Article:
This oft-cited definition, however, is problematic for a number of reasons. In the section that follows I shall question the centrality it accords to force and coercion. The first thing to note about it now is its simplicity. A human community is a state if and only if it successfully claims to possess two things: a monopoly of force and the sole right to determine who may legitimately use force. Could an organized criminal organization or one of Nozick’s protective agencies be a state? One might have thought something more would be required. States are rather large and complex sorts of things, with legal systems, administrative agencies, and a number of other important features. In fact Weber himself, as one might expect, thought there was much more to the matter. Elsewhere he offered a much more complete characterization:
Since the concept of the state has only in modern times reached its full development, it is best to define it in terms appropriate to the modern type of state, but at the same time, in terms which abstract from the values of the present day, since these are particularly subject to change. The primary formal characteristics of the modern state are as follows: It possesses an administrative and legal order subject to change by legislation, to which the organized corporate activity of the administrative staff, which is also regulated by legislation, is oriented. This system of order claims binding authority, not only over the members of the state, the citizens… but also to a very large extent, over all actions taking place in the area of its jurisdiction. It is thus a compulsory association with a territorial basis. Furthermore, today, the use of force is regarded as legitimate only so far as it is either permitted by the state or prescribed by it. (1947: 156)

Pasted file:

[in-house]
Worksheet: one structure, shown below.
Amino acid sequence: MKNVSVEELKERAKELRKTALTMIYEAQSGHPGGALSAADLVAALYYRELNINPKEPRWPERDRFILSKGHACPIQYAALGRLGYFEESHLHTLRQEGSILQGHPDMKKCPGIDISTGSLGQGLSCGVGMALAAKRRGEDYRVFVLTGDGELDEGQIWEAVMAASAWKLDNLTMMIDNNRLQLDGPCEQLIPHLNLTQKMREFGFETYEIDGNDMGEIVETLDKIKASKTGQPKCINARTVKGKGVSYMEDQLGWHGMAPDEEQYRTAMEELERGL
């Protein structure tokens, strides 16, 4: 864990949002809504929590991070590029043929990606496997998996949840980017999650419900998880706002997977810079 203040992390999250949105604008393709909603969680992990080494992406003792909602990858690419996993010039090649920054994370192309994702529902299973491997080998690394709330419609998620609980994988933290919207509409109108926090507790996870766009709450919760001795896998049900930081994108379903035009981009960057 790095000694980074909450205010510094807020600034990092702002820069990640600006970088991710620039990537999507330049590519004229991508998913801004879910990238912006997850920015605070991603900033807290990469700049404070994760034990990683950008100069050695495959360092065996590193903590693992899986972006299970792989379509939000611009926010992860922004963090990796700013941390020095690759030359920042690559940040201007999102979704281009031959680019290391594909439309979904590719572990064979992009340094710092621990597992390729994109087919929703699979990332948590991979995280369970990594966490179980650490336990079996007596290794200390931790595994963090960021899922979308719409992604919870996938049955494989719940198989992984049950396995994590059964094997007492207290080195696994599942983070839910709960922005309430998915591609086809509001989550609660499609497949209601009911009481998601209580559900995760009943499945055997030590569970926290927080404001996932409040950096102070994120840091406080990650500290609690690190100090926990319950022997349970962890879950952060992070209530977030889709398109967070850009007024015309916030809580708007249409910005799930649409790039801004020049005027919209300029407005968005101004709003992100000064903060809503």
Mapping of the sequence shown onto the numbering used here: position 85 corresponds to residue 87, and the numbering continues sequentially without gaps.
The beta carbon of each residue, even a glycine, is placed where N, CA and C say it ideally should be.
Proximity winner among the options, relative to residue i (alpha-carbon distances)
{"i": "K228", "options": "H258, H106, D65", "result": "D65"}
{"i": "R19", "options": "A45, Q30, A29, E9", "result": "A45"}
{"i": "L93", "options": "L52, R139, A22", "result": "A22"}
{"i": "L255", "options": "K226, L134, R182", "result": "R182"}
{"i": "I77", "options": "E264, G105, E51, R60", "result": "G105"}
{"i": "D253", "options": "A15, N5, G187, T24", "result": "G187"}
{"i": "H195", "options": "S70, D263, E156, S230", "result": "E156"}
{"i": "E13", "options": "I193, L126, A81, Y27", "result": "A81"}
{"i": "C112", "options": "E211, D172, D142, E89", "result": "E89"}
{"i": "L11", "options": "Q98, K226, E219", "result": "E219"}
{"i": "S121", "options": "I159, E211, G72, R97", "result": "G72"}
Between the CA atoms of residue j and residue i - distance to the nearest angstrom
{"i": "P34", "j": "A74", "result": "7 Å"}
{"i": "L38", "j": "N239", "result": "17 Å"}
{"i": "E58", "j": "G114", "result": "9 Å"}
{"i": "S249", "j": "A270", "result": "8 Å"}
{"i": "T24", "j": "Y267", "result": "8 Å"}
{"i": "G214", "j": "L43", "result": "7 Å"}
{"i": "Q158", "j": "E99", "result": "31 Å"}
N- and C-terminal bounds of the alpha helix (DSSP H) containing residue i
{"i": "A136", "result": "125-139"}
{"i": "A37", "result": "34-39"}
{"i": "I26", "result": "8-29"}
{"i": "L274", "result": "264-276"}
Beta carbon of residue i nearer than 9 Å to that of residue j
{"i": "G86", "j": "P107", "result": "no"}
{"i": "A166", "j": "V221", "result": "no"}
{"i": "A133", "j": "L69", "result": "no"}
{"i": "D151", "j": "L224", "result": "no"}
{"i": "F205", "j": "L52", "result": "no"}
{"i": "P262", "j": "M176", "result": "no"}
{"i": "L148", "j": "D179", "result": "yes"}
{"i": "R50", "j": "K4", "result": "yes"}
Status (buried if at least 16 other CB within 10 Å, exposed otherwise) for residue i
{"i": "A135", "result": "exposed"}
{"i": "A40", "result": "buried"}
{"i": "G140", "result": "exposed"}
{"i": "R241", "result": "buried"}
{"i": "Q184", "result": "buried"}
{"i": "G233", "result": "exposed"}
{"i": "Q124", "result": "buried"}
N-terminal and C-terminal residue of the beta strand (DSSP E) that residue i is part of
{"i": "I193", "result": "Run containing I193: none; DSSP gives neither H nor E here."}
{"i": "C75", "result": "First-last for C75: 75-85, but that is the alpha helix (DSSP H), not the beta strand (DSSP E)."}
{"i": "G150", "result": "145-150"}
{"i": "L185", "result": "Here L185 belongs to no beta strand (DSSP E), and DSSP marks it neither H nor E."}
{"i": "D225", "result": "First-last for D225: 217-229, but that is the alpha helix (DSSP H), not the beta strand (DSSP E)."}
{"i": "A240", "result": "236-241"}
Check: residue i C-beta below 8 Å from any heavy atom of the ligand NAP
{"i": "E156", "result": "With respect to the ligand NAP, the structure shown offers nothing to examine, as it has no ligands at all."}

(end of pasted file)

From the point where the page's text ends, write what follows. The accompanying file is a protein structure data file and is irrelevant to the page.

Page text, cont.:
A number of additional features or attributes are singled out by Weber in this passage: the existence of an administrative and legal order subject to change by legislation, maintained by a substantial administrative staff, itself regulated by legislation, a claim to ‘binding authority, not only over the members of the state, the citizens… but also to a very large extent, over all actions taking place in the area of its jurisdiction… a compulsory association with a territorial basis.’
Simple definitions like the one customarily attributed to Weber are inadequate; at the very least they require supplementation. I shall argue later that these definitions make force or coercion too central and draw our attention away from other important features. What are some of the other features of states?
A theme of this chapter is that political theorists take states too much for granted. The world was not always organized as a system of states, and it is helpful to recall the ways the world was before the development of states. We can appreciate better the nature of states by contrasting them with the orders they replaced. As states originate in early modern Europe, the contrast that is most revealing is the world of late medieval Europe.